Memories have a distinct smell. 9/11 is char and soot.

My mother saw the plane burst—she was walking the dogs at Houston and Greene, where the grid of Manhattan streets gave rise to a view of the impressive towers. She looked up and saw a silvery glint followed by plumes of smoke. Soon after, my sister was evacuated from her high school. Stuyvesant and the rest of downtown Manhattan, the ones who could make it, stumbled uptown along the West Side Highway.

I wonder how John Cage would reinvent the crash of the planes and Twin Towers, the metallic boom. When people ask me about 9/11, I tell them what I remember: the walk downtown from elementary school, home elusive amidst thick soot and fumes. The acrid smell of smoke permeated the city, even at 16th street. The suffocating haze tasted ashen, a brown-gray: torched dirt. Circular memories: I see myself walking down to a little square on West 10th Street, but a second later, i’m walking back uptown. My mother tells me that it was Theresa, Timmy’s mother, who drove me home because I was too young to walk home by myself. My sister recalls that it was my dad who picked me up and accompanied me home. But I do not doubt my memories. Of wandering home alone in a smoky daze.

I tell them about the high school I later shared with my sister. She recounts her walk up along the Hudson in a pack of students: somehow in solitude, somehow united in the haze settled over the city. Over the next months, we find that the country has kept the panic elicited from the first hours following the crashes; friends are questioned for the way they look as the media spurs and hides racism, general discrimination.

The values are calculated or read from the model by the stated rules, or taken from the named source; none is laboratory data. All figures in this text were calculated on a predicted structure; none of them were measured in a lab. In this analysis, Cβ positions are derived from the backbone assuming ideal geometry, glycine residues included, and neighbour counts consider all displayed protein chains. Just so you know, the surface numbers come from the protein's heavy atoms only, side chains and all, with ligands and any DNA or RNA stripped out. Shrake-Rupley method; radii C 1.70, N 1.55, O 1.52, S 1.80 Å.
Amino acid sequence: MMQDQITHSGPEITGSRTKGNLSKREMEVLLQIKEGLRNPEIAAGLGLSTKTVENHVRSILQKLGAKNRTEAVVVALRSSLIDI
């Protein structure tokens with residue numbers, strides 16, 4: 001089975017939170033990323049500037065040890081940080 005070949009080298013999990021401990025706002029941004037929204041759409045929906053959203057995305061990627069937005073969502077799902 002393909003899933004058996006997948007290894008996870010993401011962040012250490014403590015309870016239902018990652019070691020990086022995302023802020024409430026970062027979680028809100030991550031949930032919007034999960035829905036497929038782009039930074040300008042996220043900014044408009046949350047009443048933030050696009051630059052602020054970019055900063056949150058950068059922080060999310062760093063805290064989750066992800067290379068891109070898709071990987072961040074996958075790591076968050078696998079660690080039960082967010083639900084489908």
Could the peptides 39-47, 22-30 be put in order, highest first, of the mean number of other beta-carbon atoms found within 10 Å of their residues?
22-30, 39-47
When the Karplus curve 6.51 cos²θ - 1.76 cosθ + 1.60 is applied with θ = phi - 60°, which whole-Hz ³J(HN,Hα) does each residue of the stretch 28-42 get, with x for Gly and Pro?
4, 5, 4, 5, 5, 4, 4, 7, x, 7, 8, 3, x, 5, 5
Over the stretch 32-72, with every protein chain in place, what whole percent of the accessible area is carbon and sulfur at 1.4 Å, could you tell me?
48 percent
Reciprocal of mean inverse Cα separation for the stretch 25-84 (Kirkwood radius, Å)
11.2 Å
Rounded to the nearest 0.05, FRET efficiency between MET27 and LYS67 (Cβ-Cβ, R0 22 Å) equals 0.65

If there is anything I have learned in my travels, it is that people notice what is different, exotic. And that racism and objectification will follow me across countries.

“Mira, la Chinita.”

“Konichiwa,” a man says and bows down at me.

Yells in German to return to Tokyo. Relentless efforts to divulge my roots, my place of birth. New York I tell them. America.

Not satisfactory.

Even in the city whose diversity I boast, I get asked if i’m going to eat my dogs.

Street harassment; suck it up, people say.

They must have never felt trapped in judgment.

Recount the fears that settle in: of isolation, of uncertain identity.

It’s complicated when you can’t find a tie to the cultures to which you’re supposed to belong to and represent.

Especially with an estranged father who yields from a beautiful country and a mother who sometimes seems scared of her roots—has no desire to rediscover them, yet fears their loss. Add in the struggles with imposed societal labels, people labels. At what point do you acknowledge them? All the while, I wonder: where are my roots? They’re somewhere; i’m wandering the world searching for them.

Sometimes I can’t help but pity the grotesque creatures that roam the streets, moving mechanically and too fast, holding on so tightly to a single and make-believe truth. Sometimes I worry about losing my many pieces. Then I taste the smoke and recall how easily the world can lose its music. Extract me from judgment; leave me intact, and I request only a music box for the rest of the world.